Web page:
Competitive spirit - Top ten family games for Christmas
Published 17/12/2013 | 12:13
In a poll last year Monopoly was voted as the family's favourite Christmas game.
Whilst we might think of the familiar British edition with its famous London landmarks as the 'proper' version, the game was originally set in America. In World War II, the British Secret Service even set up fake charities to get the game into prisoner of war camps, using the board to conceal real money, maps and compasses.
The classic murder mystery game plays upon the skills of cunning and deduction, with all bar one of the players trying to figure out the culprit and the murder weapon. Cluedo makes the perfect Christmas game as its full of deception and guile, that is if certain parents don't become so engrossed in the macabre nature of the game that everyone else refuses to play.
Although not traditionally a popular game with younger children, the official rules of Scrabble now allow for proper nouns to be used, opening up a whole lexicon of celebrity names. Say what you will about groups like N-Dubz, but they do offer a brilliant way to get rid of those pesky 'Z's.
A relative newcomer when it comes to heavyweights of Christmas entertainment, Bananagrams is a fast paced, addictive game with a great amount of flexibility. Likened to a version of Scrabble called take-two, the aim of Bananagrams is to be the first to complete a vertical and horizontal chain of words.
4. The Conquest of the World
Originally devised by French film director Albert Lamorisse and known as 'La Conquête du Monde' (The Conquest of the World), Risk first released in 1957 and has become a household name all around the world. Using the art of war and diplomacy, the aim is total world domination, covering as much of the world's territories as possible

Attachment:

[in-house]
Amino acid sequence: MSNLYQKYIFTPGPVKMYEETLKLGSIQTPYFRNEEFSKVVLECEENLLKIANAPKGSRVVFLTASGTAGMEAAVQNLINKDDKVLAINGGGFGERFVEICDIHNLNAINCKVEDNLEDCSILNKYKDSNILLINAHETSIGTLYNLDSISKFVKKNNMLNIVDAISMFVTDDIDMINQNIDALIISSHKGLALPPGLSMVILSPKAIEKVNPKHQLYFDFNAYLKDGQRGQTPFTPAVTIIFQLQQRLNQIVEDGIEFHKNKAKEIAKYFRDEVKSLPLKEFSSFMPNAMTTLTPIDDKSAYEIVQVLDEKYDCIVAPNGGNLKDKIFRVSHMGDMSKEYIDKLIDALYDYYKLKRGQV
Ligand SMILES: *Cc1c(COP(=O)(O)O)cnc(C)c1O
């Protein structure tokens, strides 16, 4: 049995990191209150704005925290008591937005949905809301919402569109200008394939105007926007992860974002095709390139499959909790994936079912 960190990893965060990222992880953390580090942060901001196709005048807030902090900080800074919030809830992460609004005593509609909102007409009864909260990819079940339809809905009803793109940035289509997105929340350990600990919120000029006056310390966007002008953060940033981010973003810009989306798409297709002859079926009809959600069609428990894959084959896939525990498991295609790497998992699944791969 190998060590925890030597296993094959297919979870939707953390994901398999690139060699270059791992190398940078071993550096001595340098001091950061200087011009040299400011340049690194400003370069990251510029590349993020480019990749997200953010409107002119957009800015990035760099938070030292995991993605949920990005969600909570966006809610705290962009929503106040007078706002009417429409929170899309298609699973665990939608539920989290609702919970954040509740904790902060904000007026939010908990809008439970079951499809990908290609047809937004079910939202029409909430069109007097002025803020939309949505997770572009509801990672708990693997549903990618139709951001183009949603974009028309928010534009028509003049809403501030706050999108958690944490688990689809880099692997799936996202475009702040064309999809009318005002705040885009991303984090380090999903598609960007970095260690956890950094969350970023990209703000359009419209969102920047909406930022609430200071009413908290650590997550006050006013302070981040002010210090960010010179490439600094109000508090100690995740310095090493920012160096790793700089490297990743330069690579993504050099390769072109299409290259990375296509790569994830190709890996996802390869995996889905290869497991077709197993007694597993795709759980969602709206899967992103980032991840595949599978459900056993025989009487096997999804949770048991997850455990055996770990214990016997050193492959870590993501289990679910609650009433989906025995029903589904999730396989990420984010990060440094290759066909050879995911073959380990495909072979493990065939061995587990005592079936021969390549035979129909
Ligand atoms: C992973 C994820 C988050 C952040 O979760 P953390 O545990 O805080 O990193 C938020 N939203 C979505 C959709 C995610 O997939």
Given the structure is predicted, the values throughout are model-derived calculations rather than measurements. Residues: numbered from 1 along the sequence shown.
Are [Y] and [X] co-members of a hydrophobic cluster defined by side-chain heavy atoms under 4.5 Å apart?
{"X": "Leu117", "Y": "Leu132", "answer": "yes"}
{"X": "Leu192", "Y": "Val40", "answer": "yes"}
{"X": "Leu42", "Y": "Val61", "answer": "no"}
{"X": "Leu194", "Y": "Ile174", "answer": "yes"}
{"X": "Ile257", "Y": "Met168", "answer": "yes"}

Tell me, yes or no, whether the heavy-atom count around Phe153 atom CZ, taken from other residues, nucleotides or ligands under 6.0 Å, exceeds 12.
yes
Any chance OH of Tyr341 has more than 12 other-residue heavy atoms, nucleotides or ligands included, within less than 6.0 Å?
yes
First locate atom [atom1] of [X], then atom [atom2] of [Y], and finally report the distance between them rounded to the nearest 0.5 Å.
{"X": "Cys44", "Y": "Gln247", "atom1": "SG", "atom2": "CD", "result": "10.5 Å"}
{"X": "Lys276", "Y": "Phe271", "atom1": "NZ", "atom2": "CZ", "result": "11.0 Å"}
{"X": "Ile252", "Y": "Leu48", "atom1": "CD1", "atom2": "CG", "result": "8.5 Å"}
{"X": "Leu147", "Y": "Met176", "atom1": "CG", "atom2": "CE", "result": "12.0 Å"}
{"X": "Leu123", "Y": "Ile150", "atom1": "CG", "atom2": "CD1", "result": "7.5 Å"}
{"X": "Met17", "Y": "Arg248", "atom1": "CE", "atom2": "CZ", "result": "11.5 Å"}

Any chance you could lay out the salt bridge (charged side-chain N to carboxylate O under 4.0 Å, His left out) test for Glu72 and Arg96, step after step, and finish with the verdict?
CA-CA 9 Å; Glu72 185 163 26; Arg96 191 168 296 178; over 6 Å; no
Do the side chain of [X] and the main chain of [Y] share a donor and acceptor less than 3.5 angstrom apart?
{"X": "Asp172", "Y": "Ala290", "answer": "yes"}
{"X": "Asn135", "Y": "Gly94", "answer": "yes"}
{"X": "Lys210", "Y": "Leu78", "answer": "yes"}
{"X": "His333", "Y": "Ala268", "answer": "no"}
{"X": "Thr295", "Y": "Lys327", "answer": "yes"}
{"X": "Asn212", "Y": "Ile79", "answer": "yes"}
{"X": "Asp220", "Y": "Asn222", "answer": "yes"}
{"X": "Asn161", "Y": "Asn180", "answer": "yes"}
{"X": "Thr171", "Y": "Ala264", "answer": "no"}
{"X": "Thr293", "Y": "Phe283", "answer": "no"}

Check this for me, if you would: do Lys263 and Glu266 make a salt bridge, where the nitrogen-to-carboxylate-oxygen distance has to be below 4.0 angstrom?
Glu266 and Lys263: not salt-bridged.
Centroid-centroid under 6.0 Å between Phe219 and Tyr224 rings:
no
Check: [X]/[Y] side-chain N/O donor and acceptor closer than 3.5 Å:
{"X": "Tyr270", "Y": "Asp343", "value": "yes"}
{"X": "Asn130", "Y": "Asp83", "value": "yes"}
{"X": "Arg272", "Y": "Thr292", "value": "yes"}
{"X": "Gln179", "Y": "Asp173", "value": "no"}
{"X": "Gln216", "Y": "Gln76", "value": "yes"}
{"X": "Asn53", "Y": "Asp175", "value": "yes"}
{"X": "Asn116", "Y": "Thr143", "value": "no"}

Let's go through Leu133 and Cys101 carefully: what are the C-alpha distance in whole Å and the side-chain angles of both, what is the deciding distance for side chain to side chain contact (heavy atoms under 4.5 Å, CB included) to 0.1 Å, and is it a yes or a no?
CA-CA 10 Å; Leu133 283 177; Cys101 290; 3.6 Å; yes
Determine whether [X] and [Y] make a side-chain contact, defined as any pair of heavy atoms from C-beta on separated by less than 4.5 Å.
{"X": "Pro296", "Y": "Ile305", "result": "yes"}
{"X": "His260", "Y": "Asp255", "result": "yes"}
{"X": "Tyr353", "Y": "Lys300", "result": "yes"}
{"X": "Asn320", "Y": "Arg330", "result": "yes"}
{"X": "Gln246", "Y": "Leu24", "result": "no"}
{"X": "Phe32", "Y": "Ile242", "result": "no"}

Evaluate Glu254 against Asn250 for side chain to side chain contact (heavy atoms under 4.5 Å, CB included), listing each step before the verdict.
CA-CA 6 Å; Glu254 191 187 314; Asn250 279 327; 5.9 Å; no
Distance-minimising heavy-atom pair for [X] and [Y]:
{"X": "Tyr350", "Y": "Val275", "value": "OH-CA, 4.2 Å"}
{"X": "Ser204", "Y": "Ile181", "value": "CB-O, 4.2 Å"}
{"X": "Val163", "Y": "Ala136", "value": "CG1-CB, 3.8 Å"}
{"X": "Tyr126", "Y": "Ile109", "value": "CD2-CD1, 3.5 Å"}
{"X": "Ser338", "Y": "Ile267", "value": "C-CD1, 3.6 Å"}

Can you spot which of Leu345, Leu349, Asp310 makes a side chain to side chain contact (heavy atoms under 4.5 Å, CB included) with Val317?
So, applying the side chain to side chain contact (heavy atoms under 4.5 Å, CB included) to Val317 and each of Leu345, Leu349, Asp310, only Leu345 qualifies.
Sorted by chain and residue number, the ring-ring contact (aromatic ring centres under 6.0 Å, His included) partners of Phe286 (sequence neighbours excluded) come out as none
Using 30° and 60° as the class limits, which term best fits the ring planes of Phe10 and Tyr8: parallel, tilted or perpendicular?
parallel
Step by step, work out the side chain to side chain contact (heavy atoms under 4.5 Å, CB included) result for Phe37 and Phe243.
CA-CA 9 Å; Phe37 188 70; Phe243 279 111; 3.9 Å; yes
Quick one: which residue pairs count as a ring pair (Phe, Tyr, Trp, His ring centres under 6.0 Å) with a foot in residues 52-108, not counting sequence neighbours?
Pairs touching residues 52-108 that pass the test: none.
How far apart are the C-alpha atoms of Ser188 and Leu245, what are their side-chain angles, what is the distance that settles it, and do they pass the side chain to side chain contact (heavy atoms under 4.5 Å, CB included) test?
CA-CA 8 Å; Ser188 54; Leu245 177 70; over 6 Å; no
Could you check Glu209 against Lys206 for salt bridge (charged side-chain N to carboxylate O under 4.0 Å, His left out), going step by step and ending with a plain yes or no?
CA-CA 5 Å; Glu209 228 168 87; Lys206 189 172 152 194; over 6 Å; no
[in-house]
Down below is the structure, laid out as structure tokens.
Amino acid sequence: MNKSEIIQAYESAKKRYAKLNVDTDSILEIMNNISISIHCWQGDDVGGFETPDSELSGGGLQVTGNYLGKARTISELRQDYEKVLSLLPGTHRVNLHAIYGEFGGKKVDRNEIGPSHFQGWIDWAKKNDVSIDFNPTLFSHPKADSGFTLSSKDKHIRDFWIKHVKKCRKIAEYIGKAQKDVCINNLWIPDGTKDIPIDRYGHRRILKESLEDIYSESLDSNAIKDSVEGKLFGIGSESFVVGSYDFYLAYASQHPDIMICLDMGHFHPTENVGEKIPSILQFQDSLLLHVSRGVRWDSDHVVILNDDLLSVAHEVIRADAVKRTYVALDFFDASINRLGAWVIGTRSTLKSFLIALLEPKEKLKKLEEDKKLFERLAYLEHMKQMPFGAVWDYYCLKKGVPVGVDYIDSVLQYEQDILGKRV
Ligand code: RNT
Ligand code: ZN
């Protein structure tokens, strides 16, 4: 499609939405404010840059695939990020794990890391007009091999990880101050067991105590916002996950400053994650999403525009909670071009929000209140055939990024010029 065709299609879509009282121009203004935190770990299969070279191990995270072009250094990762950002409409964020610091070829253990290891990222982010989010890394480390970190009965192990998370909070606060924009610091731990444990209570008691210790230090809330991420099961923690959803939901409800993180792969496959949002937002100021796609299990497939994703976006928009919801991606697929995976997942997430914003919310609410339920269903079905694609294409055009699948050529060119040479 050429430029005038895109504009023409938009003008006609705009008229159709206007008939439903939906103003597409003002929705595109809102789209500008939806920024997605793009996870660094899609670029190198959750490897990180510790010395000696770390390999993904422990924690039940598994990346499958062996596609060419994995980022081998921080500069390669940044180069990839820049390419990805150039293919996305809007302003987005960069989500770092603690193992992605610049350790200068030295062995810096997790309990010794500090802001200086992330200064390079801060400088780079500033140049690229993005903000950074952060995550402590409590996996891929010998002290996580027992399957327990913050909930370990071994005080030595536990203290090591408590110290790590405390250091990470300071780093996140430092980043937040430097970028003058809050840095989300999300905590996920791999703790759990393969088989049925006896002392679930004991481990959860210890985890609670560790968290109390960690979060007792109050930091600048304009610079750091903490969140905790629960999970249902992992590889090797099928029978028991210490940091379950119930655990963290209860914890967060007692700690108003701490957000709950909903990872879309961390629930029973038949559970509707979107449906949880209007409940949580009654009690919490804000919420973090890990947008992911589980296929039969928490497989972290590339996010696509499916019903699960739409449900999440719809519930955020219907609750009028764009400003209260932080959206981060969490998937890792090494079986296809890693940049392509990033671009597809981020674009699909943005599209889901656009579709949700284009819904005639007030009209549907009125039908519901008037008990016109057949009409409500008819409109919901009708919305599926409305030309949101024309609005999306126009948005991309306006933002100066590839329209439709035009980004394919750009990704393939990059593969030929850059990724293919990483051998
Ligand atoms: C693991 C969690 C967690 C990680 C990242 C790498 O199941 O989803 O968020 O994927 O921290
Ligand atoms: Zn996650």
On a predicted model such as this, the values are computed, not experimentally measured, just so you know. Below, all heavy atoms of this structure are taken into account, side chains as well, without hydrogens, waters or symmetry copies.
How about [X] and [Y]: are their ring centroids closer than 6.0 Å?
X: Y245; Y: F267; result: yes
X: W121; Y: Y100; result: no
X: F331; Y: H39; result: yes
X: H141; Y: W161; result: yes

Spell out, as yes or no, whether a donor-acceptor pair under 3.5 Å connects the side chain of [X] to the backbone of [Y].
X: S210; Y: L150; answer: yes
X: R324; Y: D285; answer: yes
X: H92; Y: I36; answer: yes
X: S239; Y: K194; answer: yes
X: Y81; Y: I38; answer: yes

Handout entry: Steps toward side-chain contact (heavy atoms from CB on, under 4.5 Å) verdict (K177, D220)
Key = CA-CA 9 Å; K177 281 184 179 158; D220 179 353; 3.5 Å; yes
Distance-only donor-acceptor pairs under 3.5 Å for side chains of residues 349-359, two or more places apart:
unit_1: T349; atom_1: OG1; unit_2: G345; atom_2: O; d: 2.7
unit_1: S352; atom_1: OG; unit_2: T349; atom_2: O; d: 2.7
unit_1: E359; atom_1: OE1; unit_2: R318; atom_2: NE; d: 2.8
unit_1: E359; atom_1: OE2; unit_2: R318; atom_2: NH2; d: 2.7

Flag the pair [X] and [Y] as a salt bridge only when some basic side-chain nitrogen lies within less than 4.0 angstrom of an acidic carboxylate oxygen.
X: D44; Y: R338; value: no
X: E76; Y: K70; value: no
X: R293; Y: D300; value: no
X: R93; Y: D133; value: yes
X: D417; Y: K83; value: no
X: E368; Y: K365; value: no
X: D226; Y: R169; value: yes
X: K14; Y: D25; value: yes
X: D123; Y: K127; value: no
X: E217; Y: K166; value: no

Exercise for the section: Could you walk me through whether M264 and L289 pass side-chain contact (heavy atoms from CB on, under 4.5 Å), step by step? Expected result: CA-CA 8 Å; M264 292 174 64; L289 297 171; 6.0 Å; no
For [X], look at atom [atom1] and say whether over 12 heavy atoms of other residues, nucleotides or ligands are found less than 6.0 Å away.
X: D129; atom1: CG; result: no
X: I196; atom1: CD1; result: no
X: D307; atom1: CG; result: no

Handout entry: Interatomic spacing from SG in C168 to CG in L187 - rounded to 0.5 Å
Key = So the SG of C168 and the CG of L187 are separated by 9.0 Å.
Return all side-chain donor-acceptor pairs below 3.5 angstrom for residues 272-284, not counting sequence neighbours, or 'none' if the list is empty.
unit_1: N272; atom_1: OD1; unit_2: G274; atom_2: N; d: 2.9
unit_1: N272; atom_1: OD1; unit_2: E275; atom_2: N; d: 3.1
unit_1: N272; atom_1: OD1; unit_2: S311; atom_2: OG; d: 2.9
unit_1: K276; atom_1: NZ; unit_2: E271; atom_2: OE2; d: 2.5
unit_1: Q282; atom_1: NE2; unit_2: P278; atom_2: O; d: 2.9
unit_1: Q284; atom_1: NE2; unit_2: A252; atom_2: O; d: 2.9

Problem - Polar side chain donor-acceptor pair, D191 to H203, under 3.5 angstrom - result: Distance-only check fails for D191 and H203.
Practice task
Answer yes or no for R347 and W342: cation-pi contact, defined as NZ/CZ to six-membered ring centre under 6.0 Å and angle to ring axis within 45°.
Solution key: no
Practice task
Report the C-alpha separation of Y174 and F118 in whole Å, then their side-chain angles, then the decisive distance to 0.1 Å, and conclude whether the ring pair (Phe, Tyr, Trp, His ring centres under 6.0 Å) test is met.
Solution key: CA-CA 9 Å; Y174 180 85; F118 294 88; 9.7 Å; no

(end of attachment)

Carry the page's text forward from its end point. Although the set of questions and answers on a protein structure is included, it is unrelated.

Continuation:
5. Trivial Pursuit
Released in 1982, Trivial Pursuit is a classic Christmas game, with wide ranging questions on general knowledge and popular culture. The game has been known to spark a number of arguments, with families apparently even disagreeing on whether the wedges you win represent slices of cake or cheese.
A game of intelligence and forward thinking, chess has survived through the ages evolving from a variety of ancient similar games. Although, personally never having won a chess game, even I, a chess novice can appreciate the skill and art that lies in being successful at chess. Although, not necessarily the easiest thing to persuade impatient children play, once learnt chess is a skill that will last a lifetime.
A staple of family get togethers and dinner parties, Cranium is a brilliantly diverse and creative game. With its four categories, Cranium is designed to be "The Game for Your Whole Brain", ranging from creating figures from clay to answering general knowledge questions.
An incredibly simple but enduring game, Battleship pits two foes head to head to, both vying to be the first to sink all of the other ships. While the game is mainly based around luck, a lot of players formulate their own 'secret' layouts of ships that they stick to every time.
Another straight forward and yet entertaining game is Jenga, the aim is simple, players take it in turn to take out wooden blocks from the tower and place them on top resulting in an ever growing but unsteady tower. The last player taking a piece as the structure topples loses.